Jane Austen, the Secret Radical

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Jane Austen, the Secret Radical

Jane Austen, the Secret Radical

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Kelly illuminates the radical subjects--slavery, poverty, feminism, the Church, evolution, among them--considered treasonous at the time, that Austen deftly explored in the six novels that have come to embody an age. She also didn't focus very well on one topic and would start talking about another book in a chapter that was supposed to focused on a particular one. The chapter about Emma was all right, but the subject of enclosure just isn't as interesting to me as it seems to have been to Kelly.

I was also not sold on Kelly’s decision to open each chapter with a short fictional section based on Austen’s letters. Other Austen fans might feel differently as this is certainly very well written and contains much that is of interest - but eventually I just lost the will to finish it I'm afraid.

The book is split up into sections following each of her published novels, as well as one concerning her life, and her death. So a book that combs through the novels looking for evidence of Austen’s radical heart finds a receptive audience here. Though I am ready to accept that Jane was highly influenced by the times in which she wrote, I remain unconvinced that she wrote just to be radical, dressed up in a story. That in “Northanger Abbey” Austen describes Catherine Morland masturbating (“Let’s not mince words here”) requires an elasticity of imagination beyond the breaking point for the pusillanimous.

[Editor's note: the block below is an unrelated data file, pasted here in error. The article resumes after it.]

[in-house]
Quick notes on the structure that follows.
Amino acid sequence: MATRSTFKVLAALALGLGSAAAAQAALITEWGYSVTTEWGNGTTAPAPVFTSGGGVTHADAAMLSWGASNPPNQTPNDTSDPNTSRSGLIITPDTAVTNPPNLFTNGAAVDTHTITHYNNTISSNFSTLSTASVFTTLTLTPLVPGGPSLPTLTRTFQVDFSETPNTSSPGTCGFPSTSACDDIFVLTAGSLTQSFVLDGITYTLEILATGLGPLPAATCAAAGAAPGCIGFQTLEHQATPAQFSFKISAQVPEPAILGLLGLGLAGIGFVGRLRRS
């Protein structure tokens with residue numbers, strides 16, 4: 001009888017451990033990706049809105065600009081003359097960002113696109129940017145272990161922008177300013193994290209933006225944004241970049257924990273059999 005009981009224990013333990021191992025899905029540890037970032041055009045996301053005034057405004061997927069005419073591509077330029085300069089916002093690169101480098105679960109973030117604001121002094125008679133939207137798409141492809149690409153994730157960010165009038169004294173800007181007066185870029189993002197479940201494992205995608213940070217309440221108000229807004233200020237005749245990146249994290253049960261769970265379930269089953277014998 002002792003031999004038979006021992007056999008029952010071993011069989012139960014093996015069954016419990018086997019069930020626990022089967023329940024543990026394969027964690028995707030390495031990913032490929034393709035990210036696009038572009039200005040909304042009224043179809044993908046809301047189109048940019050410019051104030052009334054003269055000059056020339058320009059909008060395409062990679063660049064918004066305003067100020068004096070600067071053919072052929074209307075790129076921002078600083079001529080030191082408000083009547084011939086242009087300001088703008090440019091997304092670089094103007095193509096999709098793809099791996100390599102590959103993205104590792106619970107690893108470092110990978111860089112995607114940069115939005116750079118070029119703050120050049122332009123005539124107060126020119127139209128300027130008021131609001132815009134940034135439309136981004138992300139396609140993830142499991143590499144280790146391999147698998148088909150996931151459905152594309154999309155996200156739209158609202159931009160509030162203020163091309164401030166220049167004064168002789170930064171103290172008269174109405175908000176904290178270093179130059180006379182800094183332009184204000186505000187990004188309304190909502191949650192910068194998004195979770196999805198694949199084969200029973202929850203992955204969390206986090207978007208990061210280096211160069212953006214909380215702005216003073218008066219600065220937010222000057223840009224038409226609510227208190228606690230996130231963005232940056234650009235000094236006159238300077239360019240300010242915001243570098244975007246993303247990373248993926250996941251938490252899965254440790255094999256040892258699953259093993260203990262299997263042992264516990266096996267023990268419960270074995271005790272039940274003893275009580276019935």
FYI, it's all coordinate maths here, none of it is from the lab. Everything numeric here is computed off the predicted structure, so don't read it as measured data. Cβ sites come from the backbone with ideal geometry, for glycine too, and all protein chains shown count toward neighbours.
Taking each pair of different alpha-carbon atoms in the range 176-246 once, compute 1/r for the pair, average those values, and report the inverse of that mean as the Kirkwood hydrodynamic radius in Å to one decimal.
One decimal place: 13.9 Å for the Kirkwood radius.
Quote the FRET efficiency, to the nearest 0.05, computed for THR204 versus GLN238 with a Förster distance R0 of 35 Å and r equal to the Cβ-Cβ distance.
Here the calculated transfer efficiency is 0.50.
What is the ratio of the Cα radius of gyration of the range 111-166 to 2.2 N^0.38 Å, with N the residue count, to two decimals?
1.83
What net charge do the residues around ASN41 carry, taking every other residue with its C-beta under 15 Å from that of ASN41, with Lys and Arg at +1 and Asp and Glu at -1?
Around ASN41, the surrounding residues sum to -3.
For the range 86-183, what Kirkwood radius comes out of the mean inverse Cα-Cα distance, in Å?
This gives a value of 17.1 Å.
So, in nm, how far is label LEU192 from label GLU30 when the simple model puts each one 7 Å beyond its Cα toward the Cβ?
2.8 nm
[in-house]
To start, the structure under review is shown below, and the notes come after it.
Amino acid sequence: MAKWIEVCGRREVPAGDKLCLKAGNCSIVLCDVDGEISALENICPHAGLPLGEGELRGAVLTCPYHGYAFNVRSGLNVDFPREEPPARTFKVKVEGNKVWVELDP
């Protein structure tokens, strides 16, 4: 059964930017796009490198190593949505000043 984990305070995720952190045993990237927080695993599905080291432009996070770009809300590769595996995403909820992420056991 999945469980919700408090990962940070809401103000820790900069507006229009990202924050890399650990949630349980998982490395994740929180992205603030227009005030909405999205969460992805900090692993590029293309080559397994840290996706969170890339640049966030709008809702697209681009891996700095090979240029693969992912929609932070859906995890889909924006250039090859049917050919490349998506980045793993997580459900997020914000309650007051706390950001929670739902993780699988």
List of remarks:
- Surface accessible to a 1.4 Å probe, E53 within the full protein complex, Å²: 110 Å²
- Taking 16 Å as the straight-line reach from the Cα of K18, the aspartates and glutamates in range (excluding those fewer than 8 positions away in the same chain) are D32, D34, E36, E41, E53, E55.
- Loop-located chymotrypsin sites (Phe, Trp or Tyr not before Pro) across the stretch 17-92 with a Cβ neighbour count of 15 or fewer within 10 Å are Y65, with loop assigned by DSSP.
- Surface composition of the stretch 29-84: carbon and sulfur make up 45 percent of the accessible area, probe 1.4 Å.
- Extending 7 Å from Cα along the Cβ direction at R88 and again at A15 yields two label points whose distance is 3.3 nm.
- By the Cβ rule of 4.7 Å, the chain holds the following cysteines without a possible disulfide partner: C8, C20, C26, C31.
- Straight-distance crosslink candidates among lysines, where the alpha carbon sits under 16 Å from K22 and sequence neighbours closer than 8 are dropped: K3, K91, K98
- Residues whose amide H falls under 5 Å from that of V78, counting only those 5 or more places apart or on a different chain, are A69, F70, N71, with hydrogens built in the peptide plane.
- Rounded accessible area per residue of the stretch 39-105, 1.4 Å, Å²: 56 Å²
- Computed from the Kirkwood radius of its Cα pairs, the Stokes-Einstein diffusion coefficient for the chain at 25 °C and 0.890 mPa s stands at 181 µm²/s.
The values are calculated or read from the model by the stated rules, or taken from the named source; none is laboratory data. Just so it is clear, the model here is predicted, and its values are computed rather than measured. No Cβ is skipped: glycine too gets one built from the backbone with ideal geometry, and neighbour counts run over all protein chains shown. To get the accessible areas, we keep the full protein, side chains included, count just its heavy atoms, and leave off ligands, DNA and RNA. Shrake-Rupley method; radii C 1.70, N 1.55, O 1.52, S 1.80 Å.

Her failure to acknowledge the considerable academic literature that has covered this ground before her is unprofessional.

However, I found little sympathy with Kelly when she began trying to read sexual meanings into Edward Ferrars’ behaviour and implied he was no better than Willoughby. I really feel Helena does provide plenty of information I hadn't previously considered at all, there ARE secrets that I, someone pretty darn interested in Jane, was surprised to read from Helena. Her novels don’t confine themselves to grand houses and they were not written just for readers’ enjoyment. This isn't to say the chapter was bad, per se, but it was more of a soft secret, than the kind of investigative nature of the secrets, as in the etymology behind the Moor Park apricot tree, the men named Norris, and so on. span>Slightly off-mint and felt-tip mark on lower trimmed edge.

Kelly offers a salutary argument for reading Austen’s novels with the serious attentiveness they invite and deserve.There's really no need to panic if it turns out that Austen might have been a conservative and a snob and a product of her social environment and class. Kelly tells us of carpenters imprisoned for reciting doggerel and schoolmasters imprisoned for distributing leaflets. I would hope that these vulnerabilities would not discourage too many readers, however, because there is much of value here.

  • Fruugo ID: 258392218-563234582
  • EAN: 764486781913
  • Sold by: Fruugo

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